“Oracle (noun): A shrine where deities were consulted for prophecies or revelations; a priest or other interpreter of supernal pronouncements or prophecies; any person thought to be a source or medium or divine communication, or one revered for his profound knowledge, foresightful wisdom, or authoritative counsel; a divinely inspired utterance, especially an enigmatic or ambiguously allegorical statement; a wise or purportedly wise opinion. Adjective: oracular, oraculous; adverb: oracularly; noun: oracularity, oracularness.
‘Presumably he prefers the anonymous ‘it’; and likes to see an expression like ‘I think that…’ replaced by ‘it is hypothesized…’ which, (apart from expurgating the dirty word “to think”) ministers to the bureaucratic underlings predilection for submissive autonomy combined with oracular authority.'”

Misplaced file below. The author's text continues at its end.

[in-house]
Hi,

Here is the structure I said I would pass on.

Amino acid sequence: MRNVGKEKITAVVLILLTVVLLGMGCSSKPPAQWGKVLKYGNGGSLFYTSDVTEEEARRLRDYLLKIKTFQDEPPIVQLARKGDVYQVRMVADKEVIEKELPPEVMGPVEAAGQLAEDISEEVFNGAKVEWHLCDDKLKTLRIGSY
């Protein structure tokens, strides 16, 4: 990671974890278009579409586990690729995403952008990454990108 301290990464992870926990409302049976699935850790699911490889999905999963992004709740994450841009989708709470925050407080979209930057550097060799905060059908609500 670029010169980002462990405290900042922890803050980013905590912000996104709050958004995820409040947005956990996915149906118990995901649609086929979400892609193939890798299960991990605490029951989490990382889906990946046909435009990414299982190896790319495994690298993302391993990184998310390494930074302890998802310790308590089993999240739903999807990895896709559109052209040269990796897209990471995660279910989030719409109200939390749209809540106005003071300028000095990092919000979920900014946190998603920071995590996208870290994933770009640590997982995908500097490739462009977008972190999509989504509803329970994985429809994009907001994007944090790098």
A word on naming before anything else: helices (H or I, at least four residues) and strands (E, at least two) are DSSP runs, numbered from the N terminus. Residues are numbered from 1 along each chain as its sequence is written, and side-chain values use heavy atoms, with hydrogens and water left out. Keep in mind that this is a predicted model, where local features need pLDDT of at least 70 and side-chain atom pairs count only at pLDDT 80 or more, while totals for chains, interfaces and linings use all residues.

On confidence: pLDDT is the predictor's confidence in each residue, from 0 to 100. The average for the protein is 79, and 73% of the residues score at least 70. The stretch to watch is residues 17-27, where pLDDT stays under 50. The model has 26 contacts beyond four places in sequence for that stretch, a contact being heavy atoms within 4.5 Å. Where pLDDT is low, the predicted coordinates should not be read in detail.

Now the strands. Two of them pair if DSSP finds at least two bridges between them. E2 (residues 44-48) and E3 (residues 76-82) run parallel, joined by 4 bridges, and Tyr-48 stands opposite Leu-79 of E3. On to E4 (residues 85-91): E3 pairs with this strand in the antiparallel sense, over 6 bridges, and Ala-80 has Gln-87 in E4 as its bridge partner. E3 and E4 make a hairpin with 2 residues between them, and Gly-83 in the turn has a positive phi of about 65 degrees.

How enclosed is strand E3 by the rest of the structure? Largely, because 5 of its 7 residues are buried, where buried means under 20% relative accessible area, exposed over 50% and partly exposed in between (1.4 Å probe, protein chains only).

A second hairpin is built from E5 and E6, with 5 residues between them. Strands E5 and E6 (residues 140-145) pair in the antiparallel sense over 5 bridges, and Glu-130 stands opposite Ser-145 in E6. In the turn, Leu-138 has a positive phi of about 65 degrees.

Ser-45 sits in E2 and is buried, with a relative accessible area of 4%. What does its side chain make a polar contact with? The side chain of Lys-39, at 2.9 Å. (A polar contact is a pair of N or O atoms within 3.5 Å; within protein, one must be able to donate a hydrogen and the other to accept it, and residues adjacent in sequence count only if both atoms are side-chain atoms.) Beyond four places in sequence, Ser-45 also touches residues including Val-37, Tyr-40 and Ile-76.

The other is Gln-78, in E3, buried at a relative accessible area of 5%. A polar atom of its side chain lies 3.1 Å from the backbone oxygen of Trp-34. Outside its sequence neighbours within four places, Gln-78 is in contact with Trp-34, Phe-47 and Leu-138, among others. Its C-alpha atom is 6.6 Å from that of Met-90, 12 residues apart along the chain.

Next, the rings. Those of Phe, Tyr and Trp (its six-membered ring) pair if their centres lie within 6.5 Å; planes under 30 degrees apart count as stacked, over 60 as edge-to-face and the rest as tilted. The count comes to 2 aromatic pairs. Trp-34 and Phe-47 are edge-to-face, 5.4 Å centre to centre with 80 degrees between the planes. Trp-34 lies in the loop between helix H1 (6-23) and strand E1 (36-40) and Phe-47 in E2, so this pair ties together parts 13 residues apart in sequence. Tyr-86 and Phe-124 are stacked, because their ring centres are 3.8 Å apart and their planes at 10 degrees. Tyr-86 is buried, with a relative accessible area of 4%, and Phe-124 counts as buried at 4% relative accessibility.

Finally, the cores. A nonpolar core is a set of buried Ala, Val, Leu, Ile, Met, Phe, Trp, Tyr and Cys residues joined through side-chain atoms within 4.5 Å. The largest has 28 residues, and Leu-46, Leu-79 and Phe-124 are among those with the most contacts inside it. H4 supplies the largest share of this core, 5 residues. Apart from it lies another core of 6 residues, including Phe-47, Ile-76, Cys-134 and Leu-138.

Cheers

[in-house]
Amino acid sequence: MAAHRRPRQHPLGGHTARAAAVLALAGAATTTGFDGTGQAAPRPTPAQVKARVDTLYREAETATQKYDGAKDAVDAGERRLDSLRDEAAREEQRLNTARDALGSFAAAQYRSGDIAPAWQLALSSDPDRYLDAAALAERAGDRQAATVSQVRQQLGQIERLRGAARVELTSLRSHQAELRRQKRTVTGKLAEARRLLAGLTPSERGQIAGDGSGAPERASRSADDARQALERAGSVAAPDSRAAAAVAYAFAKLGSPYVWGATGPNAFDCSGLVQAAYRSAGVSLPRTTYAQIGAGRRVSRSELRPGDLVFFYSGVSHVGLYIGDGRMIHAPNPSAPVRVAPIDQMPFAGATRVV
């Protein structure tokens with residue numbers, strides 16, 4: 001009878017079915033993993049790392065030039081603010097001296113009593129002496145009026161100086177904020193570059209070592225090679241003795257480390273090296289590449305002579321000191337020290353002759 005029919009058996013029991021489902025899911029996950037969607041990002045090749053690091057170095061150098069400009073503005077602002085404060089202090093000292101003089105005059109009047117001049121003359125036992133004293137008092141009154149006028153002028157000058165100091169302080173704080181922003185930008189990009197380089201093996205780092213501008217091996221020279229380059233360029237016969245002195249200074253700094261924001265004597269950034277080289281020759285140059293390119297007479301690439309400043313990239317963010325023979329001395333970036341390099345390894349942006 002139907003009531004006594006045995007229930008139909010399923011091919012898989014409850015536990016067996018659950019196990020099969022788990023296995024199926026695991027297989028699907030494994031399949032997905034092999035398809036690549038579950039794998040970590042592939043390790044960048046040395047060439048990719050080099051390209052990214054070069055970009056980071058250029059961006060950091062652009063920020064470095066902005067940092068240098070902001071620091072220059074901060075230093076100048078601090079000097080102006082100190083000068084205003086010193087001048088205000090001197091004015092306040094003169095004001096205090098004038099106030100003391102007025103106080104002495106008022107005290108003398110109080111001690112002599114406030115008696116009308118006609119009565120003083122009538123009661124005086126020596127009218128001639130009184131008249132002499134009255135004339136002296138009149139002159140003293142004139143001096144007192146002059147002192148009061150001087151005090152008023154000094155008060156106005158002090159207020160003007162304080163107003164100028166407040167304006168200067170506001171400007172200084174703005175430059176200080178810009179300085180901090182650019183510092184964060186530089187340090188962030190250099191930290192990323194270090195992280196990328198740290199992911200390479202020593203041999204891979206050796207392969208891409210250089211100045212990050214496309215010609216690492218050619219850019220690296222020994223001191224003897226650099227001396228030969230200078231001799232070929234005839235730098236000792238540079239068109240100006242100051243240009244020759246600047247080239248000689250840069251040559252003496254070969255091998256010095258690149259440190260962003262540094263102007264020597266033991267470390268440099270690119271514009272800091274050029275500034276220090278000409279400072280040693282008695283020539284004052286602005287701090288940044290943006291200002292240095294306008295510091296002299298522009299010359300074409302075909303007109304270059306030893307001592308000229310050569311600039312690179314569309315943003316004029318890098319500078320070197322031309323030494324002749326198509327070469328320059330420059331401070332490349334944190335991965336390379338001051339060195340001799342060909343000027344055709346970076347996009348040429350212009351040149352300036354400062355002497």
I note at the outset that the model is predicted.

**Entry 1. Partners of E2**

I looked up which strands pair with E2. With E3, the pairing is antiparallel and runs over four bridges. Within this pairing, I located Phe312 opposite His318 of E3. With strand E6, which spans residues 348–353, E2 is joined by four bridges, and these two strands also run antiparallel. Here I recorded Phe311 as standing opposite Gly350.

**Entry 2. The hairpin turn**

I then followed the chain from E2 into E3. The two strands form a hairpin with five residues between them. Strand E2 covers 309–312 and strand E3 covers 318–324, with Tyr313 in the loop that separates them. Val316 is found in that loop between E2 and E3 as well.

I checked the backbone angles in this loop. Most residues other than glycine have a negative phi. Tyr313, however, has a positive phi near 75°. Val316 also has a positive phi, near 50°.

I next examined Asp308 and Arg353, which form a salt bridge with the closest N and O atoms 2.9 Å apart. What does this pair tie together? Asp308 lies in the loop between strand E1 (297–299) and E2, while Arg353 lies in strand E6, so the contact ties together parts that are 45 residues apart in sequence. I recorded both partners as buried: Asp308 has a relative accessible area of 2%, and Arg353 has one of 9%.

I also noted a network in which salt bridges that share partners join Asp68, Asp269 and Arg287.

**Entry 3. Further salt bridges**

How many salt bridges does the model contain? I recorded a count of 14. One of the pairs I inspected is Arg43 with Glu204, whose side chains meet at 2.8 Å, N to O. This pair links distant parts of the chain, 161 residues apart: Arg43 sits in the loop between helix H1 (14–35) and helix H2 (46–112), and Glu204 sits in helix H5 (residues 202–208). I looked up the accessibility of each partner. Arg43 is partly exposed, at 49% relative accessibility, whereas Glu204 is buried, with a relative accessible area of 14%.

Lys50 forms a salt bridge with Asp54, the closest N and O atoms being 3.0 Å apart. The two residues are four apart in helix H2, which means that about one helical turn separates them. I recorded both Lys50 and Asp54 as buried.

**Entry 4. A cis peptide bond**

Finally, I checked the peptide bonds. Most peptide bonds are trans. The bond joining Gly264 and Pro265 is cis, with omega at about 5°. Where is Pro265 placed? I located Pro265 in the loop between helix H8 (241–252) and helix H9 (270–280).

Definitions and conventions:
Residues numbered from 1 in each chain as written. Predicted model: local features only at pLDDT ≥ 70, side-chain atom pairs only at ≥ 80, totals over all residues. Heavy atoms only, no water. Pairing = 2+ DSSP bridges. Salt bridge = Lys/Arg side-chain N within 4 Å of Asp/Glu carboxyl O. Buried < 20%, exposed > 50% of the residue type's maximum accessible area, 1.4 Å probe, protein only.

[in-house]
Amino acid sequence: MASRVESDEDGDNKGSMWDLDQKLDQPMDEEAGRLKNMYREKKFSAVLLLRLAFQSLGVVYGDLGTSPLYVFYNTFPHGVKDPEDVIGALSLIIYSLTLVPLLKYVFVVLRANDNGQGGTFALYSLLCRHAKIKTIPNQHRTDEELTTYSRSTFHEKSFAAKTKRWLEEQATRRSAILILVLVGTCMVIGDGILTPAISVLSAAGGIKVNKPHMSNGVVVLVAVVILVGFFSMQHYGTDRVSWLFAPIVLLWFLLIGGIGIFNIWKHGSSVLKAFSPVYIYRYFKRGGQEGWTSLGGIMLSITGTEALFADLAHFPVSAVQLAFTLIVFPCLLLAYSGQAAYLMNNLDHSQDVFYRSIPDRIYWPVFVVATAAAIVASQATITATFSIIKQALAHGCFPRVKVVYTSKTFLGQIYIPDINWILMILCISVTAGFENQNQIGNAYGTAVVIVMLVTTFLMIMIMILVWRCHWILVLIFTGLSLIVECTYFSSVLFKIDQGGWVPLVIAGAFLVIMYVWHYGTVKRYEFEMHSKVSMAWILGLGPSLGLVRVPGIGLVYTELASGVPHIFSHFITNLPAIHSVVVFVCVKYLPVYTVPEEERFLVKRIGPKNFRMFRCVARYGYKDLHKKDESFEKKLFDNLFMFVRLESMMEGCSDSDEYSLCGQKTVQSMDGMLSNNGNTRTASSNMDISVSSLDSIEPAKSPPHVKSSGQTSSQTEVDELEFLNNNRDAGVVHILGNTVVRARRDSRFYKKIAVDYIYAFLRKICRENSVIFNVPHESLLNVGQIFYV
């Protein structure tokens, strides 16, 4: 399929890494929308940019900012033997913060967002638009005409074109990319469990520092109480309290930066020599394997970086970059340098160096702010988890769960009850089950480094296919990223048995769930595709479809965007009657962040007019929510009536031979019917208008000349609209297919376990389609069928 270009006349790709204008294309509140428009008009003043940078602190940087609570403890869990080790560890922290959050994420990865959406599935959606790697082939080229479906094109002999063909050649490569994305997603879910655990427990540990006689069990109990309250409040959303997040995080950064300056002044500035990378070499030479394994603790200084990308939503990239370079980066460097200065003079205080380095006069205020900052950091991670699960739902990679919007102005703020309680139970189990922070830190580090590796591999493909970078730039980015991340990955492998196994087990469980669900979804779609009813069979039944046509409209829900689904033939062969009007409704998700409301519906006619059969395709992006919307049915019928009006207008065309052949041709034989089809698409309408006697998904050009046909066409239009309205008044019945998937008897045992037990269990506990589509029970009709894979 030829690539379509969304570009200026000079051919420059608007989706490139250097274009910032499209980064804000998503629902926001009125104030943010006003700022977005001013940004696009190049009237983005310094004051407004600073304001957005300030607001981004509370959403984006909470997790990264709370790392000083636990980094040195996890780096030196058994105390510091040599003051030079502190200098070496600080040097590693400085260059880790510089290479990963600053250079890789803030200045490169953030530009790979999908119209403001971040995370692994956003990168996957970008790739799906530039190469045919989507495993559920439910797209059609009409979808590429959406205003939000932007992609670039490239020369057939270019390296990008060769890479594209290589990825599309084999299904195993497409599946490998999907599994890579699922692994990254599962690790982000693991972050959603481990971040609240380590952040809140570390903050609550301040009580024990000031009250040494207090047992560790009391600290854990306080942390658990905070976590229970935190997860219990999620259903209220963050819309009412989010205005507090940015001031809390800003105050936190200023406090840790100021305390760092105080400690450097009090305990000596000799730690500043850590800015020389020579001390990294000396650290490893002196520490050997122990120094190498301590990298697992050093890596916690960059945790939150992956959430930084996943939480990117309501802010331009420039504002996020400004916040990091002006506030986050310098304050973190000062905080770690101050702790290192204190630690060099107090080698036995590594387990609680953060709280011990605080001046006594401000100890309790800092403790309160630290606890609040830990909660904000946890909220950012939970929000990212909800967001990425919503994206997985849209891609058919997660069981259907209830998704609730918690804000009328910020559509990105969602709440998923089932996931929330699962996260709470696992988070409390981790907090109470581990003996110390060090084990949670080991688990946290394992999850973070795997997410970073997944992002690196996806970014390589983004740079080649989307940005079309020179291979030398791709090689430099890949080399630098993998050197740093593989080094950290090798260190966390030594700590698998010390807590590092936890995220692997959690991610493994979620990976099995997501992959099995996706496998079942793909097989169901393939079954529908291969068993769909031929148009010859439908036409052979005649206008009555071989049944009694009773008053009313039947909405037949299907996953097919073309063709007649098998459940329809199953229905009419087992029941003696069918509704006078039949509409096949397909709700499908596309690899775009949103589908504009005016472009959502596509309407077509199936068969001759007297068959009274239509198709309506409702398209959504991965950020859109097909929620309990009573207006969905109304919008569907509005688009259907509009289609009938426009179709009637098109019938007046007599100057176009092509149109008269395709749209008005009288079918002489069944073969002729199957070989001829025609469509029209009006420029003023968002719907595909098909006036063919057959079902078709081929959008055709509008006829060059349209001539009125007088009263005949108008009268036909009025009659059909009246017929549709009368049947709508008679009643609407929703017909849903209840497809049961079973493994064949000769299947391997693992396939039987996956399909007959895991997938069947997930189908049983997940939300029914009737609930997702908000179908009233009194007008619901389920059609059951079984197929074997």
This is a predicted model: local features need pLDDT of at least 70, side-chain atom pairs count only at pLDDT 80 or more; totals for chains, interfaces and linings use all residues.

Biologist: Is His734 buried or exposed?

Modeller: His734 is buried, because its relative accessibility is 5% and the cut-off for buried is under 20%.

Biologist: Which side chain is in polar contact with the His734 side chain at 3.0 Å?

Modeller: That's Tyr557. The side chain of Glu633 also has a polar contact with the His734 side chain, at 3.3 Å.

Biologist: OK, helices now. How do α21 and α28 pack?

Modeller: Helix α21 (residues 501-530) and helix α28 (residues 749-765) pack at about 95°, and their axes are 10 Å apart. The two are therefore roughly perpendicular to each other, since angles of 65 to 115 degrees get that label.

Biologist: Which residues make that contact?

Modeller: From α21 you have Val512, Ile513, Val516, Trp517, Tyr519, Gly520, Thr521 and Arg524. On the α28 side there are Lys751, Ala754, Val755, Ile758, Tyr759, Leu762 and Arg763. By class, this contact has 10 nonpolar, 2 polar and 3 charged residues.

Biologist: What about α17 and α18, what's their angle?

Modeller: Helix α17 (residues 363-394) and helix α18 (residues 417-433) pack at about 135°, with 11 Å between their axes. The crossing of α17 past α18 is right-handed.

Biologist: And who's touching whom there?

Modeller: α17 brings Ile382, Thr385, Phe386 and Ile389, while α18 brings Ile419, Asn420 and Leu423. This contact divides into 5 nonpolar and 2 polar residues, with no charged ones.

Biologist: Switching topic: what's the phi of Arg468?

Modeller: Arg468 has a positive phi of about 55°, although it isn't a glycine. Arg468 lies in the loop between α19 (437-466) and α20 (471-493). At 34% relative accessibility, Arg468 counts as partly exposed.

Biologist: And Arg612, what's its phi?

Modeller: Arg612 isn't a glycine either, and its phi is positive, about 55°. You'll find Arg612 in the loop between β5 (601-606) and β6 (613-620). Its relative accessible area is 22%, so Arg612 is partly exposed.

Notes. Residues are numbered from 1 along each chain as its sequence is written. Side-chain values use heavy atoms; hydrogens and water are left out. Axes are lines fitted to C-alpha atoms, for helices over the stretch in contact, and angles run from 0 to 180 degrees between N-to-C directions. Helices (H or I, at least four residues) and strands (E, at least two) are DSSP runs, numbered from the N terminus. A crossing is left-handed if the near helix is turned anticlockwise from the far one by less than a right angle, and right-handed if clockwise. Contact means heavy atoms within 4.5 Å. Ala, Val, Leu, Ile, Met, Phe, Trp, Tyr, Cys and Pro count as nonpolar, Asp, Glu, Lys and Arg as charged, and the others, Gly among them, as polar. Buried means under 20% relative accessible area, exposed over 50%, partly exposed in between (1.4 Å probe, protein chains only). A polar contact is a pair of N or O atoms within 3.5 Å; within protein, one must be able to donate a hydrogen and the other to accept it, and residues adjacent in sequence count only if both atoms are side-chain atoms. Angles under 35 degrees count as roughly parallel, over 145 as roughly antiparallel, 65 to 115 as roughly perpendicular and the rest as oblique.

Stanislav Andreski, Social Sciences as Sorcery
Excerpted from: Grambs, David. The Random House Dictionary for Writers and Readers. New York: Random House, 1990.